Why do we need new consoles?

When developer Naughty Dog released The Last of Us earlier this year, there was no shortage of people whose jaws dropped at the sight of the quality of its graphics.

The game was stunning and achieved a level of visual fidelity that is usually only talked about in relation to what developers might be able to do in the future. For many people, the game signaled that the future is now. So it's no surprise that the average consumer might be scratching their head over why we even need new consoles. Why would the average punter drop $500 on a brand-new machine when their existing consoles are already so powerful?

Polygon spoke with publishers and developers about the imminent arrival of the PlayStation 4 and Xbox One and what it will mean for both developers and consumers. We were told that a lot of what has been shown so far has focused on the graphical capabilities of the new consoles, which may not seem like such a big deal to the average consumer. But, according to these developers, we ain't seen nothin' yet.

"I couldn't agree more that games on current-generation consoles look amazing right now," said Oskari Häkkinen, head of franchise development at Remedy Entertainment (Max Payne, Alan Wake, Quantum Break). "The truth is we often only really realize improvements after the fact, and it's really tough to envision the potential until someone shows us."

"It's really tough to envision the potential until someone shows us."

According to Häkkinen, just because we can't imagine how games can be changed and improved doesn't mean they can't be. The current generation of consoles is almost eight years old, and technology today is exponentially better than it was in 2006. Even if we look at the current consoles, what the PlayStation 3 and Xbox 360 are capable of doing today is completely different from what they could do seven years ago. The PlayStation 3's launch titles looked nothing like The Last of Us. So if a piece of 7-year-old technology can make such an enormous leap during its life cycle, imagine what a brand-new piece of hardware released in 2013 will be able to achieve.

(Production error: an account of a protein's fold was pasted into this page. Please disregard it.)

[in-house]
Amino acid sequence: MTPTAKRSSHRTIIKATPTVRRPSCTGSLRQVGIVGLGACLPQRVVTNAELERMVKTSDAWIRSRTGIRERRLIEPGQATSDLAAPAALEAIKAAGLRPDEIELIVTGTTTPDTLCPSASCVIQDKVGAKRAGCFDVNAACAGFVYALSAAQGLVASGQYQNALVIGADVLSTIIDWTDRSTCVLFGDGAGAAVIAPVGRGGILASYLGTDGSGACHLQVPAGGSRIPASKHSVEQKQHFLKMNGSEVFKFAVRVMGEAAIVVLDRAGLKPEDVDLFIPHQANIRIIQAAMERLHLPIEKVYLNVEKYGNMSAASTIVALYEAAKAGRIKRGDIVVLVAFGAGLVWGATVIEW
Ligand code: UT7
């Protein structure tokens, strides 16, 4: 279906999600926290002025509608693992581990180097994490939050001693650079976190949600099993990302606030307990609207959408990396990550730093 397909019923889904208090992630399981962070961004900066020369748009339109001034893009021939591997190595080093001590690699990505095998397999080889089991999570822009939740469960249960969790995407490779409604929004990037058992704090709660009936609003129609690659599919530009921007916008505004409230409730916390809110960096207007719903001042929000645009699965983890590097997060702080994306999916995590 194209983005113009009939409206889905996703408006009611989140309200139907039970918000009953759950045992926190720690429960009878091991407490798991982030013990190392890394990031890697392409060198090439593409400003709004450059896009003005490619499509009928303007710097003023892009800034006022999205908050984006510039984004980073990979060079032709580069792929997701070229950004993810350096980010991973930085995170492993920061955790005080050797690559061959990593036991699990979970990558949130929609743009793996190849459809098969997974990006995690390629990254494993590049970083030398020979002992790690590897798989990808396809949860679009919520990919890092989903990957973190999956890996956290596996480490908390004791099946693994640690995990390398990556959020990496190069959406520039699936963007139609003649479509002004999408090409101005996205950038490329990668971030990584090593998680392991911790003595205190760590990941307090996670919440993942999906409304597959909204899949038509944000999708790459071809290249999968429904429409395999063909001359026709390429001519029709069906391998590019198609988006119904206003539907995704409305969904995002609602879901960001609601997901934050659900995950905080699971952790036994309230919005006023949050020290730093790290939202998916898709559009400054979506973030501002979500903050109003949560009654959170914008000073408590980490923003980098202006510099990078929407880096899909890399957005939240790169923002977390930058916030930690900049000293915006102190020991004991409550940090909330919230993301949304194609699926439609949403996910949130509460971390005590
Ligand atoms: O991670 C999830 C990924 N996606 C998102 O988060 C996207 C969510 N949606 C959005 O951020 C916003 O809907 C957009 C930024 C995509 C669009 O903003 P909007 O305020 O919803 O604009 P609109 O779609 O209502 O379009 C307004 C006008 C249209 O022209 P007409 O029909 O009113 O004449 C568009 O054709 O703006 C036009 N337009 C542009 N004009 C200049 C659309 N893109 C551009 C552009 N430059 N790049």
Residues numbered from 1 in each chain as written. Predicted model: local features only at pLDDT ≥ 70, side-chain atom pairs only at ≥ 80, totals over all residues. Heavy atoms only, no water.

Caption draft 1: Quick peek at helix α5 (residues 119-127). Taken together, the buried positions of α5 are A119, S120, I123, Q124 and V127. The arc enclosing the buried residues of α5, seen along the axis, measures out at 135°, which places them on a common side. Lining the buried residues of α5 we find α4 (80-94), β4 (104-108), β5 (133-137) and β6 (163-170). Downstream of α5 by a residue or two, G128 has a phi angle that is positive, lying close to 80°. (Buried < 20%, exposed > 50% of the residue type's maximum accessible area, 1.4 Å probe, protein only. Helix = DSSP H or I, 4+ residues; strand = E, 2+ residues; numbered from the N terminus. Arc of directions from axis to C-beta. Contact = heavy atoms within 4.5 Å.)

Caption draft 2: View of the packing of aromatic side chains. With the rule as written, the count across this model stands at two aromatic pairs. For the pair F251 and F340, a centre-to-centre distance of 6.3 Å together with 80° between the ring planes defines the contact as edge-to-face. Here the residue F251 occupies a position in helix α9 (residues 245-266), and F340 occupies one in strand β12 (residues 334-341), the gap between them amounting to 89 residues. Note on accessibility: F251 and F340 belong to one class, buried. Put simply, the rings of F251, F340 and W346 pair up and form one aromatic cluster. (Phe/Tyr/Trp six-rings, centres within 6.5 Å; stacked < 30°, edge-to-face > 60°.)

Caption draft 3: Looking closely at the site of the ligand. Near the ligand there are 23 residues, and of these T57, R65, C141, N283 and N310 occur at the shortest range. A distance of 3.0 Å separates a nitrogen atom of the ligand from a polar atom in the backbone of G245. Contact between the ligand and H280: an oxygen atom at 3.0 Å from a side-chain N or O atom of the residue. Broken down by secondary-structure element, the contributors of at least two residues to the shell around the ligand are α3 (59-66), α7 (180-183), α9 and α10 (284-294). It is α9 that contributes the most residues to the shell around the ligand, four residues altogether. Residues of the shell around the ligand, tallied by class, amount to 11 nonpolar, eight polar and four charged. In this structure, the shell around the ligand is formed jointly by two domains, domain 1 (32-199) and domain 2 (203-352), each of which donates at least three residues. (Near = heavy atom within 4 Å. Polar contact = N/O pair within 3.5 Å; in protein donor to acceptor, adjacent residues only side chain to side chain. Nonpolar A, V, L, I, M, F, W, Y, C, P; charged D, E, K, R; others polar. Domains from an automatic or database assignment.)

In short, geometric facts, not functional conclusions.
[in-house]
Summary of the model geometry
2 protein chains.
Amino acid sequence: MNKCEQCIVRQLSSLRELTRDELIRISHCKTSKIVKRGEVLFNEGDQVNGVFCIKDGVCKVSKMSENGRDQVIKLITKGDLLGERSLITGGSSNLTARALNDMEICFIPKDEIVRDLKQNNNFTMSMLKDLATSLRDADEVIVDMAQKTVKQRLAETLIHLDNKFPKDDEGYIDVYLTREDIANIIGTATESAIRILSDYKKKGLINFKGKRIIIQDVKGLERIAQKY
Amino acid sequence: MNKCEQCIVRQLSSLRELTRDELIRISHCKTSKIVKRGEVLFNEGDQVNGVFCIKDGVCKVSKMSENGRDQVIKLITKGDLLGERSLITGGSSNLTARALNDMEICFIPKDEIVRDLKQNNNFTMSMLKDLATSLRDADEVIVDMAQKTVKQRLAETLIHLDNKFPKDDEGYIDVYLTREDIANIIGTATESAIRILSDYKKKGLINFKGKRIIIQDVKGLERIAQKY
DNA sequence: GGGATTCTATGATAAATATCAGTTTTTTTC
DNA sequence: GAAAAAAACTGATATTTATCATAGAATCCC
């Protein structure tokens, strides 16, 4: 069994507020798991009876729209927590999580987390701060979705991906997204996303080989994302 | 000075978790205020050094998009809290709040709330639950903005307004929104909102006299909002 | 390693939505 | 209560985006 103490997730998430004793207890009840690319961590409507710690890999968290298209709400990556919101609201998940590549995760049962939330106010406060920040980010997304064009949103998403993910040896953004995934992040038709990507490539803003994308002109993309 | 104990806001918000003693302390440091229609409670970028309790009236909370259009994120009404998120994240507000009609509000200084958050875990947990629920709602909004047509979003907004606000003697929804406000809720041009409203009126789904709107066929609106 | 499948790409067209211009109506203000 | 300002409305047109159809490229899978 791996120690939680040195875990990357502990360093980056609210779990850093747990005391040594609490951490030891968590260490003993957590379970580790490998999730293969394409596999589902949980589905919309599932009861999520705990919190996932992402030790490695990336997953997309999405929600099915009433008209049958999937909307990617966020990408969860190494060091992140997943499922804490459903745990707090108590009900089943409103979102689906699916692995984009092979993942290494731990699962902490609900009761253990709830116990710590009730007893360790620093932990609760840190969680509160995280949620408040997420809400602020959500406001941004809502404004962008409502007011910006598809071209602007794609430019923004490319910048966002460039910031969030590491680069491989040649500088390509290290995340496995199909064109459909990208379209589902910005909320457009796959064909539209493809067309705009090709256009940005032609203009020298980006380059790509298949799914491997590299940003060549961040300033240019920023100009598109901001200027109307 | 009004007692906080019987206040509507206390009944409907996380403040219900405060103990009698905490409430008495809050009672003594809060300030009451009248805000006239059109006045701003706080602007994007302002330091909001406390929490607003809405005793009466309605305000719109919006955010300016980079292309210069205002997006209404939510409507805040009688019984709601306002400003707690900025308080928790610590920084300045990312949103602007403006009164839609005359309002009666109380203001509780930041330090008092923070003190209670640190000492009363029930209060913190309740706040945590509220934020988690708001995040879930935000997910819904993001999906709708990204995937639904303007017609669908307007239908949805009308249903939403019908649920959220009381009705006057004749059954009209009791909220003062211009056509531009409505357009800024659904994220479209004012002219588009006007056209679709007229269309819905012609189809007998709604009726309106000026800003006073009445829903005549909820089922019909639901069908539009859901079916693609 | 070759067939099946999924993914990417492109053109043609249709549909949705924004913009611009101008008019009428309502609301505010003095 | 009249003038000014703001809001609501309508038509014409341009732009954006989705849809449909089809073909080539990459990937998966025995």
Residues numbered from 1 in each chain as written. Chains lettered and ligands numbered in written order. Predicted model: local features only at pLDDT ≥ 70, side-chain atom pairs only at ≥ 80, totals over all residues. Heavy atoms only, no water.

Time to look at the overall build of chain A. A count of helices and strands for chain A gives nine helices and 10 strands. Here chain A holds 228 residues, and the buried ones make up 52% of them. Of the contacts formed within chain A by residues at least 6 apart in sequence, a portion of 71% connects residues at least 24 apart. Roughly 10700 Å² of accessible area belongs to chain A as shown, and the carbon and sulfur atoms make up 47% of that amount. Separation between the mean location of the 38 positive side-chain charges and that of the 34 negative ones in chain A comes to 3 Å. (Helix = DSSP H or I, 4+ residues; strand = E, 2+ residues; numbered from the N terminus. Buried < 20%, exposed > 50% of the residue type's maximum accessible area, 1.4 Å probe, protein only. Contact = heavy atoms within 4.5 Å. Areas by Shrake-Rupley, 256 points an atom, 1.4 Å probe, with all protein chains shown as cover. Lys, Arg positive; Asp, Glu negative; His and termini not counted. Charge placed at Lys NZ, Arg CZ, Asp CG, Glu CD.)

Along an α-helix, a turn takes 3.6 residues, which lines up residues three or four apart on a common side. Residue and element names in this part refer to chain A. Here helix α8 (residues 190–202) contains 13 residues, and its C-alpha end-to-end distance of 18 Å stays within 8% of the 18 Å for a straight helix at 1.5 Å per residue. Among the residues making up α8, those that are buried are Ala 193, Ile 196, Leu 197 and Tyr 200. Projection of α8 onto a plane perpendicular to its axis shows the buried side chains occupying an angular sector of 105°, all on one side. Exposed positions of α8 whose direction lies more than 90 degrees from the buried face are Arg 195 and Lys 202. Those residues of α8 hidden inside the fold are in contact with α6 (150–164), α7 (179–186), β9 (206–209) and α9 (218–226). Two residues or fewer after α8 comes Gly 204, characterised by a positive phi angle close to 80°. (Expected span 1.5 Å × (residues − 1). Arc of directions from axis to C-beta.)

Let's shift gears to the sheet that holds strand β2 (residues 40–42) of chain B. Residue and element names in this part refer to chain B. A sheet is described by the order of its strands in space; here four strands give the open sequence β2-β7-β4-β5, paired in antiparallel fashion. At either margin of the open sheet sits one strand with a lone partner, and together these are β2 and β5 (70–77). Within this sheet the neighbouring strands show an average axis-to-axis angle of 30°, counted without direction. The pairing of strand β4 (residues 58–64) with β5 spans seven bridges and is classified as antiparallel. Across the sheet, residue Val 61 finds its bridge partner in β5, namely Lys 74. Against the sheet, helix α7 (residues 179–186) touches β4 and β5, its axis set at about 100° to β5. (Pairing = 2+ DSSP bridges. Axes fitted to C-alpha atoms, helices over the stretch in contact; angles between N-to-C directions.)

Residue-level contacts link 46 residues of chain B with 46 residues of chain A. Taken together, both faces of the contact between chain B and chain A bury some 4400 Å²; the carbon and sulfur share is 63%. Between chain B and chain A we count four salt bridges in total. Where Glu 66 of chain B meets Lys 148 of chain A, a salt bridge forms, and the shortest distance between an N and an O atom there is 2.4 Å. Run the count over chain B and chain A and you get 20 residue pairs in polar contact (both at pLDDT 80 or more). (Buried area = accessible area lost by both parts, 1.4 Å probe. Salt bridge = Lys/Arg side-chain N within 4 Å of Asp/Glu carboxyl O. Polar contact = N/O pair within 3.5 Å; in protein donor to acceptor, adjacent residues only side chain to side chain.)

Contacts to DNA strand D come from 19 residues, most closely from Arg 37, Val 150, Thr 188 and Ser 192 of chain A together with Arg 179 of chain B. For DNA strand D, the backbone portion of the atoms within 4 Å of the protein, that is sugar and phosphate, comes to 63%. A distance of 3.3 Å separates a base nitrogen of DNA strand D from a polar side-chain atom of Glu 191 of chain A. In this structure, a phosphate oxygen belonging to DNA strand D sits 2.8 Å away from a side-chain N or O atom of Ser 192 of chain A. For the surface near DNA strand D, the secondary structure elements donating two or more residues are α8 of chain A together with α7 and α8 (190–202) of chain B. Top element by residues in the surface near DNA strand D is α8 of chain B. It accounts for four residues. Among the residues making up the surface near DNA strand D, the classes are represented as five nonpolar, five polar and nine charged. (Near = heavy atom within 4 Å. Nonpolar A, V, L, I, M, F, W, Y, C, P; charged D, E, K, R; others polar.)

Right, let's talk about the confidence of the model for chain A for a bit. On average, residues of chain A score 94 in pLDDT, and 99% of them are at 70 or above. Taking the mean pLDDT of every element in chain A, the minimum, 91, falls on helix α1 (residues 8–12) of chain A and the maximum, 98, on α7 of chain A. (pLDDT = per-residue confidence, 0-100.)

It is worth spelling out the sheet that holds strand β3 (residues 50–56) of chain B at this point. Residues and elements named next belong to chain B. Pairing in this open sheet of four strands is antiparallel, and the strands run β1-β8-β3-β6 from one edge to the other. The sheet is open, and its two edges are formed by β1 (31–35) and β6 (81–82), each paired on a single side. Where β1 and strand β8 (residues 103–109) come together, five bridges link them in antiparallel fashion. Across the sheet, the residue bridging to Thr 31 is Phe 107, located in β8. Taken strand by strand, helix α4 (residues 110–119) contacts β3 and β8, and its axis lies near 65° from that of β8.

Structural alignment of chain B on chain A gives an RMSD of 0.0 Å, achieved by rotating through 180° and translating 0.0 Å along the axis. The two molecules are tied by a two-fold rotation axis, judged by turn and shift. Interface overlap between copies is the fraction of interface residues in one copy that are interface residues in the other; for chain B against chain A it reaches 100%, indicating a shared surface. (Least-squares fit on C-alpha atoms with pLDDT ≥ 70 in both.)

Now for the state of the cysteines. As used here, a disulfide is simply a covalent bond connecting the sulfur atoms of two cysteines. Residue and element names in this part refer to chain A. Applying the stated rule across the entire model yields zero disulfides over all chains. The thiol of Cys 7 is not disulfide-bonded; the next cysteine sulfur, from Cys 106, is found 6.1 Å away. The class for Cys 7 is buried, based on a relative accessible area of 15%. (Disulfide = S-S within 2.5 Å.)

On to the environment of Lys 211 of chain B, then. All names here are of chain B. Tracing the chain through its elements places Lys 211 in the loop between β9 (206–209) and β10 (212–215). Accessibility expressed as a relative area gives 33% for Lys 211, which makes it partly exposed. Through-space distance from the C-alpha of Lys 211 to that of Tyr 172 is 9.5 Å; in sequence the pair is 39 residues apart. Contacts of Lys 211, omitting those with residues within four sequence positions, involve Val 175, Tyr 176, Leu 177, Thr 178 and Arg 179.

"Every generation of consoles and their games have amazed me in every way, but at the time, imagining something better was near impossible," Häkkinen said. "Now, if I go boot up a PlayStation 2 on an old TV and compared it to a Xbox 360 on an HDTV, I'm blown away and can see how far we've come. That's the promise!"

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MORE THAN JUST A PRETTY FACE

Impressive graphics has been a big selling point for both the PlayStation 4 and Xbox One. But the importance of new consoles extends well beyond prettier, clearer pictures. The processing power of next-gen machines allows developers to build their games differently from a design angle, which could potentially lead to new kinds of games and new kinds of gameplay. As Häkkinen said, it might be hard to imagine it if we haven't seen it yet, but it doesn't mean it can't happen.

EA Sports is making use of next-gen technology to change the way it powers NBA Live 14's AI. Yes, the game looks better than it has in its previous current-gen iterations, but executive producer Sean O'Brien believes that the processing power of the new consoles allows for so much more than improved graphics.

"The live services component and that connectivity is going to change the way you experience games."

"The live-services component and that connectivity is going to change the way you experience games," he told Polygon. "One of the things we really wanted to do was focus on our connected experience for our consumer and provide an in-depth feature set to allow them to feel like they're connected with our game as well as the NBA season throughout the course of the season."

NBA Live 14 draws data from Synergy Sports on a daily basis and updates the game's challenges, players and features without the player knowing. So if during the NBA season a player sprains his ankle, his stats will change in the game to reflect this. If a player changes the kind of shoes he wears, gets a haircut or a new tattoo, this will appear in the game. Players will also be able to replay matches that have just been played out in the real world during the season. According to O'Brien, none of this would have been possible on current-gen consoles, not at the frequency with which the game quietly updates itself.